How can I “repair” too runny/too solid homemade jam/jelly?

It’s very definitely jam season at the moment (in the UK at least) and I thought it might be fun to hear people’s favourite fixes for sticky situations (ho ho!) when the preserves don’t come out quite as you’d hoped.

How do you test for the set point? The most common method seems to be the “when it wrinkles on a cold plate” test but anyone use any other methods?

What do you do if it’s too runny once in jars? Or too solid?

And, not quite in the question but related, do you use/reuse anything interesting instead of commercial-bought pectin?

And any tips for reusing old jars? Reusable alternatives for waxed discs?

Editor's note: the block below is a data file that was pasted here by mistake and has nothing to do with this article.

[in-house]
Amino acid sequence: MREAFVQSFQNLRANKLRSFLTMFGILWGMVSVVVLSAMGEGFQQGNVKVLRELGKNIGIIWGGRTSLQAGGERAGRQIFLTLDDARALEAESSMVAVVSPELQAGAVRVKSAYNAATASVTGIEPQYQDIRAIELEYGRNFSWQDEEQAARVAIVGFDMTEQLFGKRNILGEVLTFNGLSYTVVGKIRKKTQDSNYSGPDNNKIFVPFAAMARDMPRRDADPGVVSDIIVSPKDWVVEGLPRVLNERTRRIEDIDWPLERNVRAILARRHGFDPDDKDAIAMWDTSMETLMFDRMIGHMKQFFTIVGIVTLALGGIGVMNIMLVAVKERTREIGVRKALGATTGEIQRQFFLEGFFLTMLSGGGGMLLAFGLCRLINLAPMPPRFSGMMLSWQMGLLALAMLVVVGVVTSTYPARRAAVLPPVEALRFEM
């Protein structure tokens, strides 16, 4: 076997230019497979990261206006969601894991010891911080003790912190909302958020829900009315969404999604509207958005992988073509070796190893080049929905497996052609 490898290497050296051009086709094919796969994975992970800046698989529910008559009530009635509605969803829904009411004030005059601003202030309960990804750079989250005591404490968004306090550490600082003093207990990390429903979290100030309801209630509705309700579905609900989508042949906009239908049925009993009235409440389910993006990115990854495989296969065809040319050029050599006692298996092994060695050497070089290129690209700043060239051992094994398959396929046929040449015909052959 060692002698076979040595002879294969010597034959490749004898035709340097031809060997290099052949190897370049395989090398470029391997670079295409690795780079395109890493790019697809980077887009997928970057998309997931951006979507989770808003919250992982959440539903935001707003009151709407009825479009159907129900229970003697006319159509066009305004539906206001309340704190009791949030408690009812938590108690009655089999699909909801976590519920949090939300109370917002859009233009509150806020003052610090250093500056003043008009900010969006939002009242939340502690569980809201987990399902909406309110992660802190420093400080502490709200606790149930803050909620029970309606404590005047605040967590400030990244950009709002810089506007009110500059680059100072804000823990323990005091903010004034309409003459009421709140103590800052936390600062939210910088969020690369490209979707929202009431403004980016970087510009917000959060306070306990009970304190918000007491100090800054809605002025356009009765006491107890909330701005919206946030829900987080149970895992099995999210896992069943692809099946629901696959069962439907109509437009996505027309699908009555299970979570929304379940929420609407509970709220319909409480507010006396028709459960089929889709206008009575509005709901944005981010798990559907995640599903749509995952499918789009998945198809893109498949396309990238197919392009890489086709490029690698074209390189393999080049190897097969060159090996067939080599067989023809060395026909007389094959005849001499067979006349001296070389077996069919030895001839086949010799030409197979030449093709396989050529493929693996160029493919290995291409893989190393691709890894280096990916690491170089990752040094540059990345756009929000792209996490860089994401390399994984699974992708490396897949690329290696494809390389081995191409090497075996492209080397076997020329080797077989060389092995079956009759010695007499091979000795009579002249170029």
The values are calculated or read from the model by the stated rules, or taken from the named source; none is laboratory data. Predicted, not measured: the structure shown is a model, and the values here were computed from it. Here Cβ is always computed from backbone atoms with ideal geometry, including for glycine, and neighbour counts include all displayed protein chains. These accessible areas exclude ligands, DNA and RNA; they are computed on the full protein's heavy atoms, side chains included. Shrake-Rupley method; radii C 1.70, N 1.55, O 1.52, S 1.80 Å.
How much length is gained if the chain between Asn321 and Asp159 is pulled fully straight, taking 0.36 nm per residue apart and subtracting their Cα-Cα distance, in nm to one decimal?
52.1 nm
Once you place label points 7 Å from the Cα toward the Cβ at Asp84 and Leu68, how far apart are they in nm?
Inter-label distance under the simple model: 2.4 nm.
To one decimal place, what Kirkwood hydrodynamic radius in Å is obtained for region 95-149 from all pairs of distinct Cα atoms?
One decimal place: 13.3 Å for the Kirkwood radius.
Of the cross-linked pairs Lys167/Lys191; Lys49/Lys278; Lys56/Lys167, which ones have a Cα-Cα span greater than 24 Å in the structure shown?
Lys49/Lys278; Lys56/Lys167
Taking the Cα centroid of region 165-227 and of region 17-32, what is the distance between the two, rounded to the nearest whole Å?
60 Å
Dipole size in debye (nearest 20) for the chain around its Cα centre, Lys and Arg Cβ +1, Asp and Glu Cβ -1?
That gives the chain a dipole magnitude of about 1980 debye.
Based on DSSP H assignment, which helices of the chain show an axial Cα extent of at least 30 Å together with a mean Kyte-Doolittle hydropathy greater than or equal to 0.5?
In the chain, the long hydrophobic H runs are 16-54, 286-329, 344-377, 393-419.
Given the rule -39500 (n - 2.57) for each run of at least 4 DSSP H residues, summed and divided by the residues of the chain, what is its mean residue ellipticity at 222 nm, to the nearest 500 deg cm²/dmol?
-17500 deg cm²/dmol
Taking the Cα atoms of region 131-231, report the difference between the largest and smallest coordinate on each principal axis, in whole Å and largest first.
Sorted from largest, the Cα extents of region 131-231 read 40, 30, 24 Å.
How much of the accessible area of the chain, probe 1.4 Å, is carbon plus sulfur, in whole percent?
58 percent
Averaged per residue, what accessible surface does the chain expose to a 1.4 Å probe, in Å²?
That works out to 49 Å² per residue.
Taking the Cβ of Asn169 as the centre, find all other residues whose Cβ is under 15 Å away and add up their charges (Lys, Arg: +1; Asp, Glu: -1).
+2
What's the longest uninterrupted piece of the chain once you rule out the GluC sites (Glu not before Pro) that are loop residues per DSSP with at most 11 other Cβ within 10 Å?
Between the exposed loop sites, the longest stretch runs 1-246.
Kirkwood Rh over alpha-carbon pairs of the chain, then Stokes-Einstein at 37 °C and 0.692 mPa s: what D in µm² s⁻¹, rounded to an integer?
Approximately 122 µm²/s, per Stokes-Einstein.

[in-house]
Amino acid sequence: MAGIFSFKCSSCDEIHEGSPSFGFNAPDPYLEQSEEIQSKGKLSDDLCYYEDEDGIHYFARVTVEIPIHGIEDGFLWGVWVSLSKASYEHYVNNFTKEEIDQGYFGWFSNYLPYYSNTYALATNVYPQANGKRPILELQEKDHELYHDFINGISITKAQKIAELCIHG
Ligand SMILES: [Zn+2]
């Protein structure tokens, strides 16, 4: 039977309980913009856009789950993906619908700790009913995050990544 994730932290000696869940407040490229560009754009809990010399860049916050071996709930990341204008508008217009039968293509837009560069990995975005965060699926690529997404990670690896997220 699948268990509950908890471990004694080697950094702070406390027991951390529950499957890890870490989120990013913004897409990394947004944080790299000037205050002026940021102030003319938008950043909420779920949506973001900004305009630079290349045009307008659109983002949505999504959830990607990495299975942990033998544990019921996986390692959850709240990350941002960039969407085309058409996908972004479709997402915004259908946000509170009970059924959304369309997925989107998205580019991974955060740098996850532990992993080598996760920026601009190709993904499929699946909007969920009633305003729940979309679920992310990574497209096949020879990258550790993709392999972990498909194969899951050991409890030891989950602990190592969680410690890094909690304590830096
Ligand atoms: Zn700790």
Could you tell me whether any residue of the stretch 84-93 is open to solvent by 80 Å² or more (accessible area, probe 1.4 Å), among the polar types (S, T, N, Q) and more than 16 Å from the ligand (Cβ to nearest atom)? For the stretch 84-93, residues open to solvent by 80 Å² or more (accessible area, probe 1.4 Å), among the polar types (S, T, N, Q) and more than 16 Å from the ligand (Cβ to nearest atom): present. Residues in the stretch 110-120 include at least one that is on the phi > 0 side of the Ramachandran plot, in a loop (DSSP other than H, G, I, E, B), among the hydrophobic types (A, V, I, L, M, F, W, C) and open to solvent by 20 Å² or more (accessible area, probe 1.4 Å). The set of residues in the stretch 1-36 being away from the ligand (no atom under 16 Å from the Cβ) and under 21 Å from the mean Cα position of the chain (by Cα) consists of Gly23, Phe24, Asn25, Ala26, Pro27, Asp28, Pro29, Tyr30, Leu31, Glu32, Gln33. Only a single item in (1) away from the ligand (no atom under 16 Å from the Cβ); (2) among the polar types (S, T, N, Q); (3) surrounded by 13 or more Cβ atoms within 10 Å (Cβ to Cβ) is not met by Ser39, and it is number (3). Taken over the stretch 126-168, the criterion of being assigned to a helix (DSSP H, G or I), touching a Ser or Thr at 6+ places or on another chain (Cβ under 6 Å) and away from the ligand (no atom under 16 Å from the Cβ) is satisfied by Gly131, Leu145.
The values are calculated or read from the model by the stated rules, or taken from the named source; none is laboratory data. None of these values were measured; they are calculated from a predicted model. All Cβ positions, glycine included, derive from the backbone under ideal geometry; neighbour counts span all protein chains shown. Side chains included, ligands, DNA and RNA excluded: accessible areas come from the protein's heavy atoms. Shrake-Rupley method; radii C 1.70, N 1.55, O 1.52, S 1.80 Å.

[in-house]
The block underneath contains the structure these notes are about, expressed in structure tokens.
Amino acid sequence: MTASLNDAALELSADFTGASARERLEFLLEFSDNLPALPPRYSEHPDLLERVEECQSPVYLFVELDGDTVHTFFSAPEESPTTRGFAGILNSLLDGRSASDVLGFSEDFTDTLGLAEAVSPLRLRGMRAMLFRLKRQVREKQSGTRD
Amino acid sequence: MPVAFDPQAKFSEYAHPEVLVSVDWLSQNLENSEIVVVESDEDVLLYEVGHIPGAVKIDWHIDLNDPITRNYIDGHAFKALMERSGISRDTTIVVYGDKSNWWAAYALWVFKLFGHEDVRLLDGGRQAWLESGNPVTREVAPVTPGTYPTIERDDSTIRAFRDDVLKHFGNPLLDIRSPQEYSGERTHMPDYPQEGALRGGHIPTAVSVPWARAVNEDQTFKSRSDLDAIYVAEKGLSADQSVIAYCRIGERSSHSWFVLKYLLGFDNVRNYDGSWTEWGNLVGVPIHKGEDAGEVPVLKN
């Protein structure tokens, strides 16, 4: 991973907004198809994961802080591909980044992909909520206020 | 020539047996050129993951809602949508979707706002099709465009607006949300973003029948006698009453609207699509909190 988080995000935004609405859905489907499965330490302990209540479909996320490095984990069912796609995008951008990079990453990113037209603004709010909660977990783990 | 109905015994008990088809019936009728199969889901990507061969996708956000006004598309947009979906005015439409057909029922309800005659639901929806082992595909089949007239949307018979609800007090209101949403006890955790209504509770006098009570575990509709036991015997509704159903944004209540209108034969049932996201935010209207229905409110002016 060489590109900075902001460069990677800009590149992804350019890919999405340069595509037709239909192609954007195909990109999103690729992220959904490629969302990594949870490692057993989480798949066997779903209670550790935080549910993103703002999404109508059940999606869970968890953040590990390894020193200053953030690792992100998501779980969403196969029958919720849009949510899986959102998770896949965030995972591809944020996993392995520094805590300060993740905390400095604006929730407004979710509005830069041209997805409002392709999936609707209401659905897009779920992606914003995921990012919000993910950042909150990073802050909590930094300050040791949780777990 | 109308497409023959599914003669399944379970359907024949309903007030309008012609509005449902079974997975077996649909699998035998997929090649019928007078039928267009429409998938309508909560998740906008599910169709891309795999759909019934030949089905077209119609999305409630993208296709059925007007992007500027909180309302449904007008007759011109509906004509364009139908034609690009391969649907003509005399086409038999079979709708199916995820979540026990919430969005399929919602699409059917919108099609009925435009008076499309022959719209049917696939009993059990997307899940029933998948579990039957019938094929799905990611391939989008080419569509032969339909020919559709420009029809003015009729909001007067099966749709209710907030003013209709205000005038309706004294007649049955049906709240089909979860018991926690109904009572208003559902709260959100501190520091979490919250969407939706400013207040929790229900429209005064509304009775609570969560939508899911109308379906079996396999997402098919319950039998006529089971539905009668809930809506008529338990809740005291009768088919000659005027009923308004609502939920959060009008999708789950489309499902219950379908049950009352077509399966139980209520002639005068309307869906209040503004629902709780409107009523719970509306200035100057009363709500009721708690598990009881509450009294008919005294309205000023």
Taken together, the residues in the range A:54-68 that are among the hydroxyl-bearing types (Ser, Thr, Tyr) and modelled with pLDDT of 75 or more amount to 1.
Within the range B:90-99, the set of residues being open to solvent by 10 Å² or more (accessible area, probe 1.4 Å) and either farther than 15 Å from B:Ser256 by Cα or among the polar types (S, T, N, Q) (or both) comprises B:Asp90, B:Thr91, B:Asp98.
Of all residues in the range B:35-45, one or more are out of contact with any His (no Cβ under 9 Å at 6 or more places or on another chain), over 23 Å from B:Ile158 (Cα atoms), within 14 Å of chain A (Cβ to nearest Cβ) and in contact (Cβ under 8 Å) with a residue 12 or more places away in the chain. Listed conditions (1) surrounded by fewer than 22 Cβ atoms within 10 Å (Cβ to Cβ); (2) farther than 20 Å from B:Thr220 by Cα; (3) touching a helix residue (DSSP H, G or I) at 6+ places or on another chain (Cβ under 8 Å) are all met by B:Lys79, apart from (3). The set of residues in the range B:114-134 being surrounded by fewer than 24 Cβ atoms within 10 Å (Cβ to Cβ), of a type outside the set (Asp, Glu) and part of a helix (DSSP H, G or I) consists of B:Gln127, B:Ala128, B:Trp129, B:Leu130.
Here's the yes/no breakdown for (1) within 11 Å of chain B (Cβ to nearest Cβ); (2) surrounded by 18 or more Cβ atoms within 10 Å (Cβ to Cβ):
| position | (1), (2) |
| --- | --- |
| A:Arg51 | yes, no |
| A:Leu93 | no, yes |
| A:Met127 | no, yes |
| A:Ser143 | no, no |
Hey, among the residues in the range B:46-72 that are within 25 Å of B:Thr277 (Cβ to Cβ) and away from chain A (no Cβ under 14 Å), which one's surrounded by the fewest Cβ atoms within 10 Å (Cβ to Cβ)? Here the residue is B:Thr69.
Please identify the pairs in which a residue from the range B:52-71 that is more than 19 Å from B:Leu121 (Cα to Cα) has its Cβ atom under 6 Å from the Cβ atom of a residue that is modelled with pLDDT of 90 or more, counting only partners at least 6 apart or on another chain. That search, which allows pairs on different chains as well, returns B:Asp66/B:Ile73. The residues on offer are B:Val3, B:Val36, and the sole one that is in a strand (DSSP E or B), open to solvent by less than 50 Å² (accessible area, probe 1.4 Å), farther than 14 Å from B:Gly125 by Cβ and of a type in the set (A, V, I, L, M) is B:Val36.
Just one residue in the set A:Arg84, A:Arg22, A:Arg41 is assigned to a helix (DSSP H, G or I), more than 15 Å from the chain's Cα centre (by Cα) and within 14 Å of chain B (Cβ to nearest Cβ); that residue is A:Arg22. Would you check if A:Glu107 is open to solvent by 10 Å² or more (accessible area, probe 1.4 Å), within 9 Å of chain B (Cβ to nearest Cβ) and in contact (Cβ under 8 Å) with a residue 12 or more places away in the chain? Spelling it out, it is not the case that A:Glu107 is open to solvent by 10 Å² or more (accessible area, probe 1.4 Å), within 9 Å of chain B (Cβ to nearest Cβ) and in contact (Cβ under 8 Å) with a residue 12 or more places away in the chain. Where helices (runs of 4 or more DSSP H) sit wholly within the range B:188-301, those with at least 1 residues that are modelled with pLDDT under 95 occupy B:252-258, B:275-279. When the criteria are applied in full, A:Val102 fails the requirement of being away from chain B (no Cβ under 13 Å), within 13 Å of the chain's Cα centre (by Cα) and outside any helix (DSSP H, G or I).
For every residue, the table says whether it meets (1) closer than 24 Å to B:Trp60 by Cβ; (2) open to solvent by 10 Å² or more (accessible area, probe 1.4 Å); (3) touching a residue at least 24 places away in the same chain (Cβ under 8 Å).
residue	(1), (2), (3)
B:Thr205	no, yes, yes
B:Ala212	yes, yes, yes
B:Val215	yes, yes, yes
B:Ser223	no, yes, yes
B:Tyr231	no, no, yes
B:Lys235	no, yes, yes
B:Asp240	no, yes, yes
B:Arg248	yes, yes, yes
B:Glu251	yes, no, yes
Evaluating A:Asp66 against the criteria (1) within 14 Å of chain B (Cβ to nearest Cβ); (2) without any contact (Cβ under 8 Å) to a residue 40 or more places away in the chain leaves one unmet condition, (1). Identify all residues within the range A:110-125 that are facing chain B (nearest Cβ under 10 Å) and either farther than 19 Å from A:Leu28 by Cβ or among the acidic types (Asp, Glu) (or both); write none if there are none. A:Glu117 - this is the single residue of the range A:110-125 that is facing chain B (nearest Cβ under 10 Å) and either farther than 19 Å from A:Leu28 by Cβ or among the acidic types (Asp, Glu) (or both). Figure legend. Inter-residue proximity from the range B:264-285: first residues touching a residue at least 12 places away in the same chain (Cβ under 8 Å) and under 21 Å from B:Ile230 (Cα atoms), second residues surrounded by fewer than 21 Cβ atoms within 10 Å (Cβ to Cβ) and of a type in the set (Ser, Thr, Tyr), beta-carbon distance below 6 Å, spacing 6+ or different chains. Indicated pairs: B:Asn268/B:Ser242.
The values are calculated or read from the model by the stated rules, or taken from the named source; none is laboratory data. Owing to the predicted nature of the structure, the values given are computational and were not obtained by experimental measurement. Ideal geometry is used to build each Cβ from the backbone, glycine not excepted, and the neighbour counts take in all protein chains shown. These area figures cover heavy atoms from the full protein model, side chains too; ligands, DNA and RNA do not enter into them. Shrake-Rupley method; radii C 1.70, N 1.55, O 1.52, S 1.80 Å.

Finally, what do you do with jam that can’t be saved – stuff that burnt in the pan for example?

(“Why is this on Recycle This?” I hear you ask because it is a little tenuous as a “repair”. Well, one, because with the giant piles of fruit in our kitchen at the moment, I’ve got jam on my mind. And two, because jam failures may lead to food waste – and if we can save some rescueable jam from going in the bin, that’s a good thing.)

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72 Responses to “How can I “repair” too runny/too solid homemade jam/jelly?”


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  2. Shirley JOHNSON says:

    i made blackberry jelly and after the jars cooled, I tilted the jars and saw that it was too runny. So I followed instructions to thicken it and reprocessed it. However I added too much pectin and now the jelly is too thick. I would like to know if I could add juice to the jelly and reprocess again?



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